45. Matra MS11 1968

S4356 Matra MS11 Monaco GP 1968 – Jean-Pierre Beltoise

Nowadays we do not speak anymore about engines in F1. They are called power units. Their technical secrets are well protected. Previously, especially in the Sixties, this was completely different. Everybody who wanted could have a look at the engine. Nothing was hidden. And they also made a nice noise – not like today.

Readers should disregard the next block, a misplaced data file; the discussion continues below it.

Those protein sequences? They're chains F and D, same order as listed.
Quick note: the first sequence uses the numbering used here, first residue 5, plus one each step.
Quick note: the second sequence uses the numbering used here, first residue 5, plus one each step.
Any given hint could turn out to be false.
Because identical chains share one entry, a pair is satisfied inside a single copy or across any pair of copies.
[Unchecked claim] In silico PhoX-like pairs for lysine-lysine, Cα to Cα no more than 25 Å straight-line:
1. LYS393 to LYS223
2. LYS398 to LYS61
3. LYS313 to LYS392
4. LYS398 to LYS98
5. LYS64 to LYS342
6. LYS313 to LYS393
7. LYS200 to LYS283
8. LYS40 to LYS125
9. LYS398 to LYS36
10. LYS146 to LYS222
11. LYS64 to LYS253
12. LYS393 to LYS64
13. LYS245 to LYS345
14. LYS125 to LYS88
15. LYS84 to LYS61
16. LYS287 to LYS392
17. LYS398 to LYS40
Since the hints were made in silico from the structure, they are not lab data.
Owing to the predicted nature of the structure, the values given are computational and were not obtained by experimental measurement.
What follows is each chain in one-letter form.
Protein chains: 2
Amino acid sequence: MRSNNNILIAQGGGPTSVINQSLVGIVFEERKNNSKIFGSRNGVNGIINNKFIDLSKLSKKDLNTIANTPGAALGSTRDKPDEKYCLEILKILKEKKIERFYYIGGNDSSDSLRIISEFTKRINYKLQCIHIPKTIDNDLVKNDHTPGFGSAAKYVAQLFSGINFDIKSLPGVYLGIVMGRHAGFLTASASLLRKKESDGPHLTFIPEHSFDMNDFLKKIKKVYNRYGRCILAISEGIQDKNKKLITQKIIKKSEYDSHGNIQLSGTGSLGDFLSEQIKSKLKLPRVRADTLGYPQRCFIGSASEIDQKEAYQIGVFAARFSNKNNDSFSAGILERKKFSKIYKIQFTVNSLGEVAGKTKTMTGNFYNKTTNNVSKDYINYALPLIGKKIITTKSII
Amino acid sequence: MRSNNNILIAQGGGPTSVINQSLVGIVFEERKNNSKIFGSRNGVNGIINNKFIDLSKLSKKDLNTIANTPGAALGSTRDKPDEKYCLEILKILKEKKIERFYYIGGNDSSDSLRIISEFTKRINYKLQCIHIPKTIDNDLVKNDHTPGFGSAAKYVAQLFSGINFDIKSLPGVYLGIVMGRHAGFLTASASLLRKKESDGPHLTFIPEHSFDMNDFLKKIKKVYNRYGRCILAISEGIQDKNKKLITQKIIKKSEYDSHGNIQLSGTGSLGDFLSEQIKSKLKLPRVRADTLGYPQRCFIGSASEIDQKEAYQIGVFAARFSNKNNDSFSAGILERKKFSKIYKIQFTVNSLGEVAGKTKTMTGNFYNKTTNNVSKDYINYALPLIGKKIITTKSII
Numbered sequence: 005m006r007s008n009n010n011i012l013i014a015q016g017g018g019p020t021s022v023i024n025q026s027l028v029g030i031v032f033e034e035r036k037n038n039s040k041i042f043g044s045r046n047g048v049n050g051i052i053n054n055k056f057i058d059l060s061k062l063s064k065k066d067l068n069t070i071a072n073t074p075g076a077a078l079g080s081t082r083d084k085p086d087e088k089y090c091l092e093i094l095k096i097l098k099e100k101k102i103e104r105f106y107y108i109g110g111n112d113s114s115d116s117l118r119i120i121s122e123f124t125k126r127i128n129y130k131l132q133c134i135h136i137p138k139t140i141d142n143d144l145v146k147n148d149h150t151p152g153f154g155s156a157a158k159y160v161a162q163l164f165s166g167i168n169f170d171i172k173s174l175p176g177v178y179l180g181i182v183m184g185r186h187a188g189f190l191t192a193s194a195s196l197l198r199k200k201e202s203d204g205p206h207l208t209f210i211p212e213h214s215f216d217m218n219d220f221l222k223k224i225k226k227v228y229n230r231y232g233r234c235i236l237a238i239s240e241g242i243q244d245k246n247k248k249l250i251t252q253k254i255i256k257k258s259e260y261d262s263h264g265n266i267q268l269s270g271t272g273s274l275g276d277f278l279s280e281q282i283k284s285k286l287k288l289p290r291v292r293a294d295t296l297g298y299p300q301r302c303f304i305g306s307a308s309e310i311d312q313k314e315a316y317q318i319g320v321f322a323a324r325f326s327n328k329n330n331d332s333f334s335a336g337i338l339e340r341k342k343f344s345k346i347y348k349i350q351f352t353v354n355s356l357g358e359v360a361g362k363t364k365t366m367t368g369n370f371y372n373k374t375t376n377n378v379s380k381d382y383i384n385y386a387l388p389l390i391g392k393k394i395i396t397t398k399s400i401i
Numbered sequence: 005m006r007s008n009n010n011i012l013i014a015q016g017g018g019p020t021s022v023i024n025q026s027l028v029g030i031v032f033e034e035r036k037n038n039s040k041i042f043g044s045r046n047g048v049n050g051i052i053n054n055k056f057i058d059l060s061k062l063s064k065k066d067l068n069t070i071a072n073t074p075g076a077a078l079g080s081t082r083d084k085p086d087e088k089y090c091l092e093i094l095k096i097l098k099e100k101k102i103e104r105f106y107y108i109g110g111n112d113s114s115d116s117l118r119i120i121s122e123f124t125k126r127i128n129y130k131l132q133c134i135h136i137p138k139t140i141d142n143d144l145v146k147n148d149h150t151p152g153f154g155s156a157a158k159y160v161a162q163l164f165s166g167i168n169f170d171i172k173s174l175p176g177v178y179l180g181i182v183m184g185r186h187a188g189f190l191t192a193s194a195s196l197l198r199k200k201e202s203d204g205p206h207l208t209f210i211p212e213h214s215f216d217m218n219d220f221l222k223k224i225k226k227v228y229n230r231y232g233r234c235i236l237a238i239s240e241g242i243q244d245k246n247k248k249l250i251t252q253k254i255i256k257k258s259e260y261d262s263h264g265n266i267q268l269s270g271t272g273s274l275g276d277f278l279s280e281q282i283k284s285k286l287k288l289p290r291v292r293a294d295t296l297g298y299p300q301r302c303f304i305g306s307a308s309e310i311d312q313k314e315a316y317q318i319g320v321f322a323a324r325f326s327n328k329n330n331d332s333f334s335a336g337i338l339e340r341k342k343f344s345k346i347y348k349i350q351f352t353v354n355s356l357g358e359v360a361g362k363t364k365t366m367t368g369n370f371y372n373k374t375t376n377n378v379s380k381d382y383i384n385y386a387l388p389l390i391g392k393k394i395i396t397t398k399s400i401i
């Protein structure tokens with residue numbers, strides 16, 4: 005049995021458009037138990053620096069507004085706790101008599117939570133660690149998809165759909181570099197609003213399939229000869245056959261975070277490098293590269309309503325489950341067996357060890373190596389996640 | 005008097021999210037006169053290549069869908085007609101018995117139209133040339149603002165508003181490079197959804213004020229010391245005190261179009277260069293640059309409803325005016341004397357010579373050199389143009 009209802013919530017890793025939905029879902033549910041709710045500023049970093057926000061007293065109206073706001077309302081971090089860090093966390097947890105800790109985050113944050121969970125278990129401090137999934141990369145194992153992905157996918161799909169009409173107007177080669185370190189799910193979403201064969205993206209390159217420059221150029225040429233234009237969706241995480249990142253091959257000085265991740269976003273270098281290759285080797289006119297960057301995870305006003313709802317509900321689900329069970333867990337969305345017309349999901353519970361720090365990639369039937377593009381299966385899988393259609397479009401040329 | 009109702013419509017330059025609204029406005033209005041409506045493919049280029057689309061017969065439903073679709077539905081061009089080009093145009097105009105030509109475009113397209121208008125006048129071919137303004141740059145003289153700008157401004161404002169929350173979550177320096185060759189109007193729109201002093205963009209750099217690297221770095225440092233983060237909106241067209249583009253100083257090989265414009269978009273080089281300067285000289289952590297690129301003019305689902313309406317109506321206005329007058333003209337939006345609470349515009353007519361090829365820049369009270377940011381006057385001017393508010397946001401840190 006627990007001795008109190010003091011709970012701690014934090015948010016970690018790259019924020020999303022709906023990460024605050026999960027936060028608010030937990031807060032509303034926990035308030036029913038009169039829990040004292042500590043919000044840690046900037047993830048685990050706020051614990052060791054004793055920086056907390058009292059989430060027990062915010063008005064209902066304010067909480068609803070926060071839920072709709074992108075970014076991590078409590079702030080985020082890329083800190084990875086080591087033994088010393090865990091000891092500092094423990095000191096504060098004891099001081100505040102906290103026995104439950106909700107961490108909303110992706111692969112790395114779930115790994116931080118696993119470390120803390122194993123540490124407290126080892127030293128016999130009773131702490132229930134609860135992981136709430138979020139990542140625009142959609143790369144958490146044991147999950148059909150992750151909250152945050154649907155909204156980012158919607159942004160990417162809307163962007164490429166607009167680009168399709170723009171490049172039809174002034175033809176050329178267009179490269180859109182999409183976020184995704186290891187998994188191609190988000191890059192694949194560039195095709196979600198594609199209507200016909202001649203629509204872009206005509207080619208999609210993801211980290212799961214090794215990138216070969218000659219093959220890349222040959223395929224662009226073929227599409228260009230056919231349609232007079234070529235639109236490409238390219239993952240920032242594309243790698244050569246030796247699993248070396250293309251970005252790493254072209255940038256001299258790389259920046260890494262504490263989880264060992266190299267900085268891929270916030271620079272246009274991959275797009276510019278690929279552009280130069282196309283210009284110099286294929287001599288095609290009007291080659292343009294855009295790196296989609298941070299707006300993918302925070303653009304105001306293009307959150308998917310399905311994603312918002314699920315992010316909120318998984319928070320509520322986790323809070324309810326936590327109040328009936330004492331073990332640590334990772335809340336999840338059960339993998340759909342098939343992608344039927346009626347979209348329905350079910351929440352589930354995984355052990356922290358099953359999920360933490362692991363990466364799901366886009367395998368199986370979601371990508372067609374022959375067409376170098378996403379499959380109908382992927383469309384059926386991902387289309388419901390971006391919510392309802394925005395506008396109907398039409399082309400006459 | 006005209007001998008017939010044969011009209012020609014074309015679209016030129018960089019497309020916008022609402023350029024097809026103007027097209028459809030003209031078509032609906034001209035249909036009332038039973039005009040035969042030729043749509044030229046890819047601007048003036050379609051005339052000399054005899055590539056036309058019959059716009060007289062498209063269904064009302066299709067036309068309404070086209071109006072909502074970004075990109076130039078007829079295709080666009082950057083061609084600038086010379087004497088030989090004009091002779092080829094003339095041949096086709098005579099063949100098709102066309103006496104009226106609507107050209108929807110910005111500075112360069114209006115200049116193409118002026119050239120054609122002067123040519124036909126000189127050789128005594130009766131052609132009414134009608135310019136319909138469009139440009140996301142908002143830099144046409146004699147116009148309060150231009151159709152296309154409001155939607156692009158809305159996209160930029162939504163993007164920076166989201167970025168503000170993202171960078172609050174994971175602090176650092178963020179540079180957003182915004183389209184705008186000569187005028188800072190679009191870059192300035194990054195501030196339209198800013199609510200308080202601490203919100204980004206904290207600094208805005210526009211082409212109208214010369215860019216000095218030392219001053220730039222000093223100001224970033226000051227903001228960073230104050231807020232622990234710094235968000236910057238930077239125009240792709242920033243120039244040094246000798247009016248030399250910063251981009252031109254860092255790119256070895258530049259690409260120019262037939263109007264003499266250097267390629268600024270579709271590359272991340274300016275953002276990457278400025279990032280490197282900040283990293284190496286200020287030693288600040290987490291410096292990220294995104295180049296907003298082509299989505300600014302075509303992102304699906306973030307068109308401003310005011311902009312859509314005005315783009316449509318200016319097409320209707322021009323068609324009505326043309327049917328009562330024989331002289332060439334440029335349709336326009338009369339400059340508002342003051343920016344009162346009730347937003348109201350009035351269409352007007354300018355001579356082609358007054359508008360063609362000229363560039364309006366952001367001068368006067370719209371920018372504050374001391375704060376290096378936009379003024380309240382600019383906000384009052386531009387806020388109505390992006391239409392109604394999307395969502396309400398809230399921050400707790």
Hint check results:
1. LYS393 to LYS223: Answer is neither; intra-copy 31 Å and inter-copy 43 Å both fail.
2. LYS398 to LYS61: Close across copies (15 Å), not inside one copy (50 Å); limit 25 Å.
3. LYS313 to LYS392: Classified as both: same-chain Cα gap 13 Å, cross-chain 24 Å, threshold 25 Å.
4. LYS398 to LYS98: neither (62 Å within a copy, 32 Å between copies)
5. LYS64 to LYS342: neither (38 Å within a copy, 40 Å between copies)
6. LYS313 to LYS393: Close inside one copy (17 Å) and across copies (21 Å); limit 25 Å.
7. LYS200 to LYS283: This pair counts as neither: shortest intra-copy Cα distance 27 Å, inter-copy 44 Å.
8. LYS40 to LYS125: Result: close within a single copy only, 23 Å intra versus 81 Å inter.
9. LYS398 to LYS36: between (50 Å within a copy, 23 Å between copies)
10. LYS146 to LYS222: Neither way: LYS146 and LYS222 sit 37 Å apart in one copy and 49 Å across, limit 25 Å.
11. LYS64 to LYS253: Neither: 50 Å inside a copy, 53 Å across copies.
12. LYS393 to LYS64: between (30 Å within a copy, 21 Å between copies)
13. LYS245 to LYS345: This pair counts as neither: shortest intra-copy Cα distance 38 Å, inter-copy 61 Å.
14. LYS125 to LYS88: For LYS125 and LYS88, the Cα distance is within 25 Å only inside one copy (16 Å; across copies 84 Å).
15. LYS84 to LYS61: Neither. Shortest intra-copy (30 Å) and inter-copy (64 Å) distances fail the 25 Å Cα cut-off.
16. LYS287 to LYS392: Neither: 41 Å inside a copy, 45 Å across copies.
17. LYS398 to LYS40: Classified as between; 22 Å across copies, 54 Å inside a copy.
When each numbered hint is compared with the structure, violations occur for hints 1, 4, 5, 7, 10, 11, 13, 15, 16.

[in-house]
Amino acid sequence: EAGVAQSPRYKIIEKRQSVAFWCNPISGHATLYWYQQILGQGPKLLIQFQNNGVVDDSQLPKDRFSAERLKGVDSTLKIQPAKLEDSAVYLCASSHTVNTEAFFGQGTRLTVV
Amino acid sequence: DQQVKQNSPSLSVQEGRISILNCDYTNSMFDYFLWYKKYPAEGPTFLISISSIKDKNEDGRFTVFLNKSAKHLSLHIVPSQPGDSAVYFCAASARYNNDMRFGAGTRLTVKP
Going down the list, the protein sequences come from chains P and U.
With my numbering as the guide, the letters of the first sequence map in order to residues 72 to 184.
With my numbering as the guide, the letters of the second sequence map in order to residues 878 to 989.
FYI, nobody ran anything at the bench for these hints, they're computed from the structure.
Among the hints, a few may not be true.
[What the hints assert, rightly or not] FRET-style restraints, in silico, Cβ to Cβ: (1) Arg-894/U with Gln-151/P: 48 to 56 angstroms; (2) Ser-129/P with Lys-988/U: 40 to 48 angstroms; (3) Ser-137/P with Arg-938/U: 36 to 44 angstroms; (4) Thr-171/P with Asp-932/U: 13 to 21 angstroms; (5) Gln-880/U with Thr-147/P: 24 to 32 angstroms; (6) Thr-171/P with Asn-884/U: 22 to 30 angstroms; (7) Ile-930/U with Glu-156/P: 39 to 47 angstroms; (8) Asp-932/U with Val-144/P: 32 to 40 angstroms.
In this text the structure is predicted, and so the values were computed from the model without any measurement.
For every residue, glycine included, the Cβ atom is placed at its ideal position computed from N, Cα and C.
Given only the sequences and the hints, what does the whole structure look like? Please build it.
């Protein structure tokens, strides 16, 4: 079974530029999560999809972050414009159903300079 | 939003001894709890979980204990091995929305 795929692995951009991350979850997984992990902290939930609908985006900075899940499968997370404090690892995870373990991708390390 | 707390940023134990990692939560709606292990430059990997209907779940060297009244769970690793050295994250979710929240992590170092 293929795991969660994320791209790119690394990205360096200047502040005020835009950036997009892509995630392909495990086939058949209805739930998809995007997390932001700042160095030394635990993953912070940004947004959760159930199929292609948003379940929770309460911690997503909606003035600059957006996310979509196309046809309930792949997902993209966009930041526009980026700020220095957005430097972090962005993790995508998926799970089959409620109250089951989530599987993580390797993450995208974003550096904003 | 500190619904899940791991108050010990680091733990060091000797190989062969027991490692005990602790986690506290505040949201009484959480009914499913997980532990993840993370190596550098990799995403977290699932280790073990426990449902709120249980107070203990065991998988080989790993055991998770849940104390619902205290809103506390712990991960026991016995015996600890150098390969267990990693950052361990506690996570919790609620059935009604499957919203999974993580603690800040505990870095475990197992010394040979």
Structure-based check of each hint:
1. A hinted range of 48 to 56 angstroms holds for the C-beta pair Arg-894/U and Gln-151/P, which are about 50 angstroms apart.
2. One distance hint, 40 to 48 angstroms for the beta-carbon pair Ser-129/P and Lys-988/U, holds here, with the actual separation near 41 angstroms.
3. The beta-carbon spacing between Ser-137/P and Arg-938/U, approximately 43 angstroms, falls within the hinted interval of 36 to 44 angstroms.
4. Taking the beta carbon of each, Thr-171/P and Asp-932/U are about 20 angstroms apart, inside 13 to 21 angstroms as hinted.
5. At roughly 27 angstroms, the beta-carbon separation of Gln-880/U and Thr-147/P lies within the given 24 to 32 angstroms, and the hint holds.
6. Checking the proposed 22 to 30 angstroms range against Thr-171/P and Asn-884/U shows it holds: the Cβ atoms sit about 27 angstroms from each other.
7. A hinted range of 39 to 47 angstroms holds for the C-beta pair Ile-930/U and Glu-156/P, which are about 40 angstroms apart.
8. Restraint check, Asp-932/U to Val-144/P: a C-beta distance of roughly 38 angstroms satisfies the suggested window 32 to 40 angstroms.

Matra was at the top of the decibel scale. The French manufacturer who previously was involved in the aircraft and armaments industry built the probably loudest V12-engines that Formula 1 had ever seen or heard. The first F1-car Matra built was the MS11 – based on the MS7, Matras succesful Formula-2-car. An almost identical chassis was delivered to Ken Tyrrell the same year. Instead of MS11 he used the name MS10 and let the car race as Matra International with a Cosworth engine – quite successful. With three victories number one driver Jackie Stewart got second at the end of the year. Team Matra Sports, the actual factory team, was less successful with the MS11 which Spark released in 1:43. Jean-Pierre Beltoise secured second place in the Grand Prix of the Netherlands. But there were also six DNF’s out of ten races. Most failures were caused by the fragile French engine. Like in Monaco at the debut race Beltoise retired after a few laps. In spite of the supposedly “power” of their V12, Matra was not as strong as Cosworth. With only 380 hp the French unit was not only weaker than the legendary DFV of the British engine manufacturer the whole vehicle was heavier. Matra decided therefore to make a pause as a factory team for a year. Not so Ken Tyrrell. He trusted on the successor model, the MS80, and won the title with Jackie Stewart. Beltoise, who drove for Matra until 1971, and was also part of the team with Ken Tyrrell in 1969, said shortly before his death (2015): “In the time I was driving Matra there was only one year when I really learned something. That was in the team of Ken Tyrrell in 1969. He and Stewart helped Matra to be competitive. When the French took over again in 1970 the project stagnated.”

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